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Effect of Fungicide Seed Treatments, Cultivars, and Soils on Soybean Stand Establishment

June 2013 , Volume 97 , Number  6
Pages  807 - 812

K. Urrea, J. C. Rupe, and C. S. Rothrock, Department of Plant Pathology, University of Arkansas, Fayetteville 72701

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Accepted for publication 4 January 2013.

Seedling diseases are one of the major production problems for soybean. The primary control of soybean seedling diseases is by fungicide seed treatments but comparisons of seed treatments are difficult because stand responses are often erratic in the field. The objective of this study was to determine the efficacy of soybean fungicide seed treatments in naturally infested soils under controlled environments at three temperatures. Seed of three soybean cultivars were treated with six fungicide treatments or not treated and planted in two soil types collected from two fields in April, May, and June 2008 and 2009. Tests were conducted in growth chambers at 21°C (April planting), 25°C (May planting), or 28°C (June planting). Stands were determined when at least 25% of the seedlings reached the V4 growth stage. Seed treatments improved stands at all three temperatures, in both soils, and in both years. In general, the broad-spectrum fungicides trifloxystrobin + metalaxyl and mefenoxam + fludioxonil + azoxystrobin resulted in the highest stands. The selective fungicide treatments metalaxyl and pentachloronitrobenzene + carboxin were effective at all three temperatures, implying that Pythium spp. and Rhizoctonia solani, respectively, were involved in seedling disease and active over a range of temperatures. The efficacy of fungicides was not consistently associated with the cultivars used in this study.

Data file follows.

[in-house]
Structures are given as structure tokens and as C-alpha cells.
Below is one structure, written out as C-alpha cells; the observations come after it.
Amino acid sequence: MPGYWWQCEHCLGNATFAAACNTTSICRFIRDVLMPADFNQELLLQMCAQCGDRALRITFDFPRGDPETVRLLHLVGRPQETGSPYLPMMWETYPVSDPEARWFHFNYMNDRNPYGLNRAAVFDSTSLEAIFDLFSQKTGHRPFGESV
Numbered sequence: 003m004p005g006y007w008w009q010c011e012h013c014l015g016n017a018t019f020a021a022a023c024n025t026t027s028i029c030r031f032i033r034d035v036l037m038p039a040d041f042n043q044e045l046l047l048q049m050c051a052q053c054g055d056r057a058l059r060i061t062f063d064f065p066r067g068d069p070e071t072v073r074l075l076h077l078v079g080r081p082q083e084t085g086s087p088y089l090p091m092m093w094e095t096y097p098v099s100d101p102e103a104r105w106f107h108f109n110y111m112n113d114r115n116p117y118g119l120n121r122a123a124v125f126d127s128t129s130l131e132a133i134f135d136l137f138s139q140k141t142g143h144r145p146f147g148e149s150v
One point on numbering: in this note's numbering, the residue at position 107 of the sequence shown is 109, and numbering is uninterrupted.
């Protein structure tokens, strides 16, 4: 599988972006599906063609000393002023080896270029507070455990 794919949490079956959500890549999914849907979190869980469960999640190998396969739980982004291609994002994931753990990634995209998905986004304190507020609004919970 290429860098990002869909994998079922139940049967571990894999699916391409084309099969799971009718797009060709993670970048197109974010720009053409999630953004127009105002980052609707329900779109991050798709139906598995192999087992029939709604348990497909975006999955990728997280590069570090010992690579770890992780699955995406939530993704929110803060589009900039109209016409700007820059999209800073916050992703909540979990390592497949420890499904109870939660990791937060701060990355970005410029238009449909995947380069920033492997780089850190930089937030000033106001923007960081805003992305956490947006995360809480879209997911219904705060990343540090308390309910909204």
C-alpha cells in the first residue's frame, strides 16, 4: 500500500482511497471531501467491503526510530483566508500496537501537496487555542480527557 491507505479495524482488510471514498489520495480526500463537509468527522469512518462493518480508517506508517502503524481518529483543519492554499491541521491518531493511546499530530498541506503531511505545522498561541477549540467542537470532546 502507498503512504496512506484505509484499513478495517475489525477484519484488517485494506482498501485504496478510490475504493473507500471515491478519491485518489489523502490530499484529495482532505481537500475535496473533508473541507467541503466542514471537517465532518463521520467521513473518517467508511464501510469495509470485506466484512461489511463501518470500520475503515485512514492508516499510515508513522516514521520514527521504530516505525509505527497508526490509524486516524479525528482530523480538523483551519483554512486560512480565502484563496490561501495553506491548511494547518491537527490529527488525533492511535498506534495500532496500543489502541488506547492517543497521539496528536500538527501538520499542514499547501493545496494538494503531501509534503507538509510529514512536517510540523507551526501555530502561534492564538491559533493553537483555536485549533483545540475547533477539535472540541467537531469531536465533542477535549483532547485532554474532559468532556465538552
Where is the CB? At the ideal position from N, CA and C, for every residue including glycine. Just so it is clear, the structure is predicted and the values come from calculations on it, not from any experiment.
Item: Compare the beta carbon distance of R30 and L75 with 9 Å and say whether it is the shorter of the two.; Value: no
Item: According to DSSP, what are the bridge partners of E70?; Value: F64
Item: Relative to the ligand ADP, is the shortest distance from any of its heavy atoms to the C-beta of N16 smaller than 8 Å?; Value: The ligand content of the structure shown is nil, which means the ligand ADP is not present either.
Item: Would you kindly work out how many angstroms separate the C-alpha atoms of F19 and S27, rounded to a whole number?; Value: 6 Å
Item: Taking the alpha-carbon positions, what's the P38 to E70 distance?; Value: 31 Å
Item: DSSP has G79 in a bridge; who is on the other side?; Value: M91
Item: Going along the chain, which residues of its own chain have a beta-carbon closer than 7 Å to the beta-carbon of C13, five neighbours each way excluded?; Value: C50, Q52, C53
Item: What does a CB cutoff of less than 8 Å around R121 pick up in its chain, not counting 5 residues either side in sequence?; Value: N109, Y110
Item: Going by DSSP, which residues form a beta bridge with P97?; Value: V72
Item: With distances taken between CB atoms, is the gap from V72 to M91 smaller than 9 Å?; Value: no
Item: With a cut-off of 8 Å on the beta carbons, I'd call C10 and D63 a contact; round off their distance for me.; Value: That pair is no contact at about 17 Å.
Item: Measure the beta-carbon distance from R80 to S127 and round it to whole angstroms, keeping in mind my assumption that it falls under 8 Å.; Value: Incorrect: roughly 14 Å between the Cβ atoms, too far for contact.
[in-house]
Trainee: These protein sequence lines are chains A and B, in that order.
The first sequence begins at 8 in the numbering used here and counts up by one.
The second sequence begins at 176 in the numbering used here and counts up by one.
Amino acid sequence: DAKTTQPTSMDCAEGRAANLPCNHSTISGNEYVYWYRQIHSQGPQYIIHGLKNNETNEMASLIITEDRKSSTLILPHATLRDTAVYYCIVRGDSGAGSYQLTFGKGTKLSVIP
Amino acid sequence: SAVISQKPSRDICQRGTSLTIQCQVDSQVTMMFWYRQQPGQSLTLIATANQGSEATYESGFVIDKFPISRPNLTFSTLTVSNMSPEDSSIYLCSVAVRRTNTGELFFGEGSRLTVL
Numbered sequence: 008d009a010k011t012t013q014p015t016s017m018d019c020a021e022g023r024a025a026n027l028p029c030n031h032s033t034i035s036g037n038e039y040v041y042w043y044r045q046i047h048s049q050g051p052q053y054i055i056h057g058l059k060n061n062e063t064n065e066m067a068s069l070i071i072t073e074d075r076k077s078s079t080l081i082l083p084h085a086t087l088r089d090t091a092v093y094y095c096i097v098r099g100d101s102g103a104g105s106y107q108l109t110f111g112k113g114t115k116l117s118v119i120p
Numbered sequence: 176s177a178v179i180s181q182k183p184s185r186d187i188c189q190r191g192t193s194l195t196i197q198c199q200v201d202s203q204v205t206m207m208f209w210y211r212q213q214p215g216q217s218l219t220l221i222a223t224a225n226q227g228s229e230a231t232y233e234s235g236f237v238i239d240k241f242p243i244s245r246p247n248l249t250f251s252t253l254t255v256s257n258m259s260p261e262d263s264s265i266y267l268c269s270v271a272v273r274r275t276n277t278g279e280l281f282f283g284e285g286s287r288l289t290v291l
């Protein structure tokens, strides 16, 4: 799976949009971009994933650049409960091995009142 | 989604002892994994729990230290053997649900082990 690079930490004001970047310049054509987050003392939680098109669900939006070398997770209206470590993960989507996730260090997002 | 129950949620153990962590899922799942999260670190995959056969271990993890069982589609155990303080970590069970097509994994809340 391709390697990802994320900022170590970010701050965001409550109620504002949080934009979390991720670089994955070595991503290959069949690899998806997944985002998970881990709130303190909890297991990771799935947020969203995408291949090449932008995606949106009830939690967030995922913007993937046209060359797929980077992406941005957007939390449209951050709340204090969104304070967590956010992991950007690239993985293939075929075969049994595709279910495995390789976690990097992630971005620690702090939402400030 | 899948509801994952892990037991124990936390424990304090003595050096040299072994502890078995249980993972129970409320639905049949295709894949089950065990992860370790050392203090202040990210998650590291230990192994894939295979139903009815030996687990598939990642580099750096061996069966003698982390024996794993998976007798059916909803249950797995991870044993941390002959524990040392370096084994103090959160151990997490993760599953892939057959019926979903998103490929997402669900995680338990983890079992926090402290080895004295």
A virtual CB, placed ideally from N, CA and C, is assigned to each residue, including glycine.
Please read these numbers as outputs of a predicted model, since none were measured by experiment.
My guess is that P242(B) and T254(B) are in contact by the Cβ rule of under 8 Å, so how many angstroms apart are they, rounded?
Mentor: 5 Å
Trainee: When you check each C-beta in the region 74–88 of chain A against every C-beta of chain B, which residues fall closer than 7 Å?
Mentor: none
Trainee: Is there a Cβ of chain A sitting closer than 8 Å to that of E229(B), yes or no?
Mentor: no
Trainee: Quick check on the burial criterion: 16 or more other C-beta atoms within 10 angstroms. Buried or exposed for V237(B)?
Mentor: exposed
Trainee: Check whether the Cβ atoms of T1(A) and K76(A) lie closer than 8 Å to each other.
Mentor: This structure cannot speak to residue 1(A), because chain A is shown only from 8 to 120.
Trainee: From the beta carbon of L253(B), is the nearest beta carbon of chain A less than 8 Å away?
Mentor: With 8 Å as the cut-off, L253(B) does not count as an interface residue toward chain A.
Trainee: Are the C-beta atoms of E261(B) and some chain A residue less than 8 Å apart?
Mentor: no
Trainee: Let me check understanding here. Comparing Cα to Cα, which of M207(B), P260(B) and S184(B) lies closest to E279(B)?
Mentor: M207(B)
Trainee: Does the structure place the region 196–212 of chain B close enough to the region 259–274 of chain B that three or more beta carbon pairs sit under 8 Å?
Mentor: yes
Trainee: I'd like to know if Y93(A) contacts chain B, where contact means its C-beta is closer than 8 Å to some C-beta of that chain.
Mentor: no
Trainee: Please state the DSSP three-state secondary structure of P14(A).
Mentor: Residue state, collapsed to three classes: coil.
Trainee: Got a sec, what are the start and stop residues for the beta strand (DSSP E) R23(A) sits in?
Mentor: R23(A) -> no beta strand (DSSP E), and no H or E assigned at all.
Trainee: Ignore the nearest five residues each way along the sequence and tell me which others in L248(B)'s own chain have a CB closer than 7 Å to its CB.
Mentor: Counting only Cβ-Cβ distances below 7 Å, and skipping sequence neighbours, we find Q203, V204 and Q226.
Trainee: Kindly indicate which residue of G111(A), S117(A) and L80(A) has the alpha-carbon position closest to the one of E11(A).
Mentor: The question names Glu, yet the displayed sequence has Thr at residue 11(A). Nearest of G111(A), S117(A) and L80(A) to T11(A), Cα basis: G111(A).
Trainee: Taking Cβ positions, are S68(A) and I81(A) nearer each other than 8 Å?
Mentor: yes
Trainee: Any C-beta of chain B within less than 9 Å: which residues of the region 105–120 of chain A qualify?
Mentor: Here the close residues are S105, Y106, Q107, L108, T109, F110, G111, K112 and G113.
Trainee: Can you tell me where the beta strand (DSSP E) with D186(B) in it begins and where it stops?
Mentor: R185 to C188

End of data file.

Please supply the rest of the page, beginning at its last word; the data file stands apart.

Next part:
© 2013 The American Phytopathological Society